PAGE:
The ACT is an entrance exam that colleges use to gauge your reasoning abilities in English, Science, and Math. Each section contains multiple-choice questions in which test-takers may receive a possible 36 points. The final score comes from calculating the average of each section. While the SATs underwent a format change in 2016, choosing between the two exams isn’t any easier. Nonetheless, the ACTs do allow you to show off your science expertise (assuming that’s your strong suit).
Still, one of the biggest differences between the ACT and SAT is the math section. While the SATs cover the basics of algebra and some problem solving, the ACTs focus on higher levels of math that covers more topics in mathematics. You can use a calculator throughout the whole math section, but that won’t prove helpful if you didn’t memorize the essential math formulas. To help you earn a high score on the ACT math section, try mastering these 10 math formulas.
We can pretty much guarantee that you’ll encounter this equation in the ACT math section. You may even have to rearrange an equation to get it into proper form.
Formula:
Y = mx + b
M = slope
B = Y-intercept
Example Question: 3y+2x+6=0
Solution:
3y=-2x-6
Y=-2/3x-2 the slope is -2/3 and the y-intercept is -2
Sticking with linear formulas, you’ll need to know how to find the midpoint between 2 points.
Formula:
(x1+x2)/2 (y1+y2)/2
Example Question: What is the midpoint between (2,1) and (6,5)
Solution:
(2+6)/2 = 4 (1+5)/2= 3.
Therefore, Midpoint= (4,3)
Formula:
Area = Length x Width
Example Question: Calculate the area of a rectangle where Length = 3 and Width = 4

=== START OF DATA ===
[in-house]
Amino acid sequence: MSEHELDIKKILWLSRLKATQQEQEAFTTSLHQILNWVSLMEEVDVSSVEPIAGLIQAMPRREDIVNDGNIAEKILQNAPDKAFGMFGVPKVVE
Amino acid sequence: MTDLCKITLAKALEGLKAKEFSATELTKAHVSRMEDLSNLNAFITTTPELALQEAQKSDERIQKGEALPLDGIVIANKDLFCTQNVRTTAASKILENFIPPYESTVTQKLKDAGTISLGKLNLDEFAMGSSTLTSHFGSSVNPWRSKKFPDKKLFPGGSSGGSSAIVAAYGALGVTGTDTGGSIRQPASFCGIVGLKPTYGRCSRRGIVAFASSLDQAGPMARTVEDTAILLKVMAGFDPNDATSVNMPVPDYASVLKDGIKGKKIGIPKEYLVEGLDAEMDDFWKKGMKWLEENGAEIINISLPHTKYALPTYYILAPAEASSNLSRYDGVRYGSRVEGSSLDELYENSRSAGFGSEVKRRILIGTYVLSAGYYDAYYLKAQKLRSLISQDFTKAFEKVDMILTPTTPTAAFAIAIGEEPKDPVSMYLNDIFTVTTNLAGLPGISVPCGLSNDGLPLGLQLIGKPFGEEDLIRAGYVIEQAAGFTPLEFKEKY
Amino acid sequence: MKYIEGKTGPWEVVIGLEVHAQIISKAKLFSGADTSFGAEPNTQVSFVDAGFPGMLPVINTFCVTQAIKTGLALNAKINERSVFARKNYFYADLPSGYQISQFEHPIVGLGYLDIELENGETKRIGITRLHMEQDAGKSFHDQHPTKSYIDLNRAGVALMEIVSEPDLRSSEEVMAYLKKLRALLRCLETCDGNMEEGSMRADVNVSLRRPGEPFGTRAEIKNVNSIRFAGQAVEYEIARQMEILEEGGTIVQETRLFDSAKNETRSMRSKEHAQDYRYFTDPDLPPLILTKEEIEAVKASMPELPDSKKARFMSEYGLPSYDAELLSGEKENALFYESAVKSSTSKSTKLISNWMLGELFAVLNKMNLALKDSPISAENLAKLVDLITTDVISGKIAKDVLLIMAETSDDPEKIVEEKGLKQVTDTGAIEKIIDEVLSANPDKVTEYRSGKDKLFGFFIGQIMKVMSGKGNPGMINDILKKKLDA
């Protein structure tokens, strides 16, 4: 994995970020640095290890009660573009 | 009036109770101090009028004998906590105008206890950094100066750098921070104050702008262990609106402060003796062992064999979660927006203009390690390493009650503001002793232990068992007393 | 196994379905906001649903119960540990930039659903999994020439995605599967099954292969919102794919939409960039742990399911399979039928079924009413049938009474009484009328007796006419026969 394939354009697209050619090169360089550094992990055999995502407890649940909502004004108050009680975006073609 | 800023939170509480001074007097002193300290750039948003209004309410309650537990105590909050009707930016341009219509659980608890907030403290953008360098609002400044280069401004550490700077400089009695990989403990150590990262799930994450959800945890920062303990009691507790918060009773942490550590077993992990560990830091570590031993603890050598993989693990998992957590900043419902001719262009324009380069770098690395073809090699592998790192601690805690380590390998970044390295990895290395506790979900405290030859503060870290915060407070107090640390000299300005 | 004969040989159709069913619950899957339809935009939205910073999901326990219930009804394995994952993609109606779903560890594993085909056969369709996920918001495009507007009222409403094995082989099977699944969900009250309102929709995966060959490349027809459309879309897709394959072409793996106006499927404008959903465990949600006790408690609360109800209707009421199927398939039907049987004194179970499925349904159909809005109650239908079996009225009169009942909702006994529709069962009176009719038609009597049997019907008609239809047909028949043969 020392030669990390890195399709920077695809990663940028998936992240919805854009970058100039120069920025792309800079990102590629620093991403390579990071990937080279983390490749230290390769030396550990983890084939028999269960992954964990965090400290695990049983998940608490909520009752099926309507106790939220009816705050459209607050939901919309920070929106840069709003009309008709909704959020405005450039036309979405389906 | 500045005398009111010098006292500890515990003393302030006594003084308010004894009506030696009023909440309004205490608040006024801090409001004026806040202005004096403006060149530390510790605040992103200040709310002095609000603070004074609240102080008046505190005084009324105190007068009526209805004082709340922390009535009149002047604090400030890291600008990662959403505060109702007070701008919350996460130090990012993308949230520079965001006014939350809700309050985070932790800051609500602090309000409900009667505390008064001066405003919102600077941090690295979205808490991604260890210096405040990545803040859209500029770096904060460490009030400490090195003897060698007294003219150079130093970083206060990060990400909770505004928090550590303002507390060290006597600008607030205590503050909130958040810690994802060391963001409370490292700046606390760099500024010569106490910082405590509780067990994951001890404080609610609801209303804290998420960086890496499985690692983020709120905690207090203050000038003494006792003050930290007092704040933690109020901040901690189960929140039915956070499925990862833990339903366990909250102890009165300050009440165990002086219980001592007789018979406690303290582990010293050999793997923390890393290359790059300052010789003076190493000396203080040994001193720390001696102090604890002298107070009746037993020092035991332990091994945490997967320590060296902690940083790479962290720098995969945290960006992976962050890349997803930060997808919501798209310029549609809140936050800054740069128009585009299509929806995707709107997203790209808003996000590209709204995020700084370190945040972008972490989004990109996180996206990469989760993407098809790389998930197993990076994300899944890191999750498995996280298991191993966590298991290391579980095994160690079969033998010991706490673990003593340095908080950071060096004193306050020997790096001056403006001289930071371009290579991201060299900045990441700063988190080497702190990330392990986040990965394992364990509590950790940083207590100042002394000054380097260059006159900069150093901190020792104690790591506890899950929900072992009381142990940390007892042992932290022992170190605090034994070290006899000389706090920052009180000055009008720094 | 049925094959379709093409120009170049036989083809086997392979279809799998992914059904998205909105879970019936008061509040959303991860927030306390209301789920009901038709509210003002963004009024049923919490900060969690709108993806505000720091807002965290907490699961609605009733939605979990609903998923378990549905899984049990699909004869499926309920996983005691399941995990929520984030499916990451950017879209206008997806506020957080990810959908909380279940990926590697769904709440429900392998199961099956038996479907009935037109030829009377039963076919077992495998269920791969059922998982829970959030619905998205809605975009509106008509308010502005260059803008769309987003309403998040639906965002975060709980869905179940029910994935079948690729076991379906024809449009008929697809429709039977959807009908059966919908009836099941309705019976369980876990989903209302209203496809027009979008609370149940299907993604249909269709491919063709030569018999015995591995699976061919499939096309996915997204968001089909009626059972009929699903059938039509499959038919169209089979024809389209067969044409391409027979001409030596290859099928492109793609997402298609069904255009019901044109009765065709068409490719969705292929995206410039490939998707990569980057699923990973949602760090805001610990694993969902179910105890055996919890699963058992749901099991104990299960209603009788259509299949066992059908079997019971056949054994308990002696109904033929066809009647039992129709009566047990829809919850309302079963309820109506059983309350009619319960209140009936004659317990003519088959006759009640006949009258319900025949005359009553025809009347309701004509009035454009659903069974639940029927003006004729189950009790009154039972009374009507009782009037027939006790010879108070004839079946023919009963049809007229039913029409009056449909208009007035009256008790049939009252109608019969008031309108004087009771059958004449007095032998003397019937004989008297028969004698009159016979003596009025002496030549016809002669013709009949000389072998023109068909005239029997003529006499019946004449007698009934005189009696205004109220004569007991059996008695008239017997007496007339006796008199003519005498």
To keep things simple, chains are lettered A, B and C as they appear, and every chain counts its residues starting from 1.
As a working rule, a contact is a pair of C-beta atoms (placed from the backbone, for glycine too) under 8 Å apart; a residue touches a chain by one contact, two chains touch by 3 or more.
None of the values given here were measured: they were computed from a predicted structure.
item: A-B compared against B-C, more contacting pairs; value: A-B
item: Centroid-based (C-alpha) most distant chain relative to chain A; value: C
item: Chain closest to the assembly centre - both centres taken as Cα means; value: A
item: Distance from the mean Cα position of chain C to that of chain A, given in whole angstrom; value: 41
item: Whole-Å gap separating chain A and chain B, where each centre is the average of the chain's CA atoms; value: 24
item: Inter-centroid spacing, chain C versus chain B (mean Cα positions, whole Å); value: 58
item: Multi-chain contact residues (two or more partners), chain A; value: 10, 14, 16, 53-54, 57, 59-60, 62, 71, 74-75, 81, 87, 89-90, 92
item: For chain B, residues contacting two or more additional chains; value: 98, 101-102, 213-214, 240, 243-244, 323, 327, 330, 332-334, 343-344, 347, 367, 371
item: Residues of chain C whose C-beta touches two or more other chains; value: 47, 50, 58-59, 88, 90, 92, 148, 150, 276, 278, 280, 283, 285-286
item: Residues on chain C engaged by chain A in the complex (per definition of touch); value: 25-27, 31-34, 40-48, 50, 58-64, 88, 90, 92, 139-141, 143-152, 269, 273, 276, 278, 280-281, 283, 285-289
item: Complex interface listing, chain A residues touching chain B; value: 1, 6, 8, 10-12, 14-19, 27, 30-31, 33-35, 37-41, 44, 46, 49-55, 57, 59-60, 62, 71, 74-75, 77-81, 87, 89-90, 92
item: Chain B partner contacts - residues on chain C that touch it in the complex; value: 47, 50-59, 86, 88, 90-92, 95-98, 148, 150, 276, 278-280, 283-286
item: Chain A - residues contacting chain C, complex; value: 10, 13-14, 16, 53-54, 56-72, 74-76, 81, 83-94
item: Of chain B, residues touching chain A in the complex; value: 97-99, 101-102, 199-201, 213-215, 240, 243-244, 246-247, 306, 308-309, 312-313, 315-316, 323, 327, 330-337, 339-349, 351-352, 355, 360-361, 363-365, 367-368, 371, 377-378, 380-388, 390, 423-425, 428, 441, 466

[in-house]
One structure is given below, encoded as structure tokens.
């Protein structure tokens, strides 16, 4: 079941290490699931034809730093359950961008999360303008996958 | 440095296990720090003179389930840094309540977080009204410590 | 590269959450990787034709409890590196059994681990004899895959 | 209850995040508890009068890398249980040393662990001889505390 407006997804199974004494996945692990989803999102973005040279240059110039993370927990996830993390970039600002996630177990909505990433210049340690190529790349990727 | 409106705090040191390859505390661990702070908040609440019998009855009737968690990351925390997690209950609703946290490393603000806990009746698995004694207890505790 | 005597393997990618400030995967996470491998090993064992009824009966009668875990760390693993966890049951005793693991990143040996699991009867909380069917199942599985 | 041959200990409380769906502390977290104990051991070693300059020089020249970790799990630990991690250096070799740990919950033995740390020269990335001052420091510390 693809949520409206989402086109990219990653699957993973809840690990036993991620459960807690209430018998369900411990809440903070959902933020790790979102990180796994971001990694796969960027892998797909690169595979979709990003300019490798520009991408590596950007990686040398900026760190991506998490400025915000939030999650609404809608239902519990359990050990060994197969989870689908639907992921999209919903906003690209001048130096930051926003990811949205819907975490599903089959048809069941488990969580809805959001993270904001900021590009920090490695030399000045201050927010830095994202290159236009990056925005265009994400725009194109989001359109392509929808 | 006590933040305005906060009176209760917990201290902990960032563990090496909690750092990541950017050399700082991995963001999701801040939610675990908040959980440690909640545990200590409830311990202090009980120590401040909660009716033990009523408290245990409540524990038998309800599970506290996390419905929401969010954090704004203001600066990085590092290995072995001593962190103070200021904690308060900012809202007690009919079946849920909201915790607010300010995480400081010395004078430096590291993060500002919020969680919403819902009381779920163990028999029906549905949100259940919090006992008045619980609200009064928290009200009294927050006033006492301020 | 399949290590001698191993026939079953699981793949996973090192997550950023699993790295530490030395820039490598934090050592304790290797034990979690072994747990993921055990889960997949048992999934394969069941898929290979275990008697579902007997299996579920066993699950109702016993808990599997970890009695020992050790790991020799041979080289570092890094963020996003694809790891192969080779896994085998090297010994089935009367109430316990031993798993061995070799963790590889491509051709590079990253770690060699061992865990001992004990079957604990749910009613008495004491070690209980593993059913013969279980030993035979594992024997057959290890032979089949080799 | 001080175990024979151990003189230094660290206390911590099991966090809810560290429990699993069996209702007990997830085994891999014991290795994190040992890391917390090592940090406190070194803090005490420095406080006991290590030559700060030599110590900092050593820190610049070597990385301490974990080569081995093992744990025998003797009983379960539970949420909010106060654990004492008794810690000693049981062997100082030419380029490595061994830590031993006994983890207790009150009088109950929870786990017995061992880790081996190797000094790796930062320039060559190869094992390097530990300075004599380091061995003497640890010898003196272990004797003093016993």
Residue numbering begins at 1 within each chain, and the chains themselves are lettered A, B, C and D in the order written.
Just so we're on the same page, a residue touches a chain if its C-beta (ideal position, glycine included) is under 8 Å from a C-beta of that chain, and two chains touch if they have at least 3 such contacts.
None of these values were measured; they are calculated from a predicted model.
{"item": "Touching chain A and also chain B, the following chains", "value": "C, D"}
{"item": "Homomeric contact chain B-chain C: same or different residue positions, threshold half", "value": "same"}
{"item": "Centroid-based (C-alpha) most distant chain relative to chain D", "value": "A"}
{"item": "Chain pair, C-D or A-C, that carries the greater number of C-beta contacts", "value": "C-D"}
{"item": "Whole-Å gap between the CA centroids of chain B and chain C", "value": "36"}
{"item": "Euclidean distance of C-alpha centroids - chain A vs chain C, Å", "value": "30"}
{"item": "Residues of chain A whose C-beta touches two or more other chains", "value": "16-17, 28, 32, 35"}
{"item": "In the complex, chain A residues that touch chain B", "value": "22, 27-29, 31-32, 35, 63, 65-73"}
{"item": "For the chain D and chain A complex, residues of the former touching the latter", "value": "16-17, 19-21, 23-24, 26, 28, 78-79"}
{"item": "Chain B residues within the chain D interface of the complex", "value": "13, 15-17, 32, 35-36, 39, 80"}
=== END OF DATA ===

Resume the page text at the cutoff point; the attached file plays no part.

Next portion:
Solution:
3 x 4 = 12, Area = 12
Formula:
Area = πr^{2} (π x radius squared)
Example Question: Calculate the area of a circle where Radius =3^{ }
Solution:
3^{2}= 9. π9 = 28.27.
Therefore Area = 28.27
^{ }
Formula:
Area = Base x Height
Example Question: Calculate the area of a parallelogram where Base = 4 Height = 6
Solution:
4 x 6 = 24 | Area = 24
Formula:
Area = ½ (Base x Height)
Example Question: Calculate the area of a triangle where Base = 4, and Height = 6
Solution:
4 x 6 = 24 à 1/2 x 24 = 12 | Area = 12
Finding the dimensions of a circle is critical for scoring well on the math section of the ACTs. Regardless of whether or not the question is asking for the circumference as a final answer, or you need to calculate a circle’s circumference as a plug into a different equation, understanding how to use this formula will help you tremendously. Be sure to use the pi button on your calculator to get the most accurate results.
Formula:
Circumference = 2πr
Example Question: Calculate the circumference of a circle where radius = 4
Solution:
2π x 4 = 25.13 | Circumference = 25.13
There will definitely be questions pertaining to triangles on the ACT. The Pythagorean theorem calculates the unknown side of a right triangle.
Pythagorean theorem formula:
a^{2 }+ b^{2}= c^{2}
Example Question: Given two sides of a right triangle where a=2, and b=5, what is the length of the third side?
Solution:
2^{2}=4. 5^{2}= 25. 25+4= 29 c^{2}=29 c= √29 = 5.39 c=5.39
To calculate the mean is to find the average value of a given set of numbers. You will need to use this on the ACT, but it is very simple.
Formula:
Mean = (Sum of all values)/(Number of Values)
Example Question: What is the average value of the following set of numbers? 2, 4, 6, 8
Solution:
(2 + 4 + 6 + 8) = 20
20/4 = 5
Mean=5
Probability is the likelihood of a given event occurring. It can be expressed as a percentage, or as a decimal.
Formula:
Probability = (Number of desired outcomes) / (total number of outcomes)
Example Question: A jar contains five blue marbles, five red marbles, and ten white marbles. What is the probability of picking a red marble at random?
Solution:
There are 5 red marbles in a jar filled with 20 marbles. Therefore, the likelihood of picking a red marble is 5 / 20 = .25 or 25%
To ensure you earn a fantastic score on the ACT math section, you’ll need to practice using these math formulas until they come to you like second nature. Plug in different numbers, and find additional examples until you fully understand when and how to use these each one. You may even find it helpful to create flashcards just to help memorize the formulas and what they calculate. If you’re looking for more helpful tips on the ACT or other exams, remember to subscribe to our blog.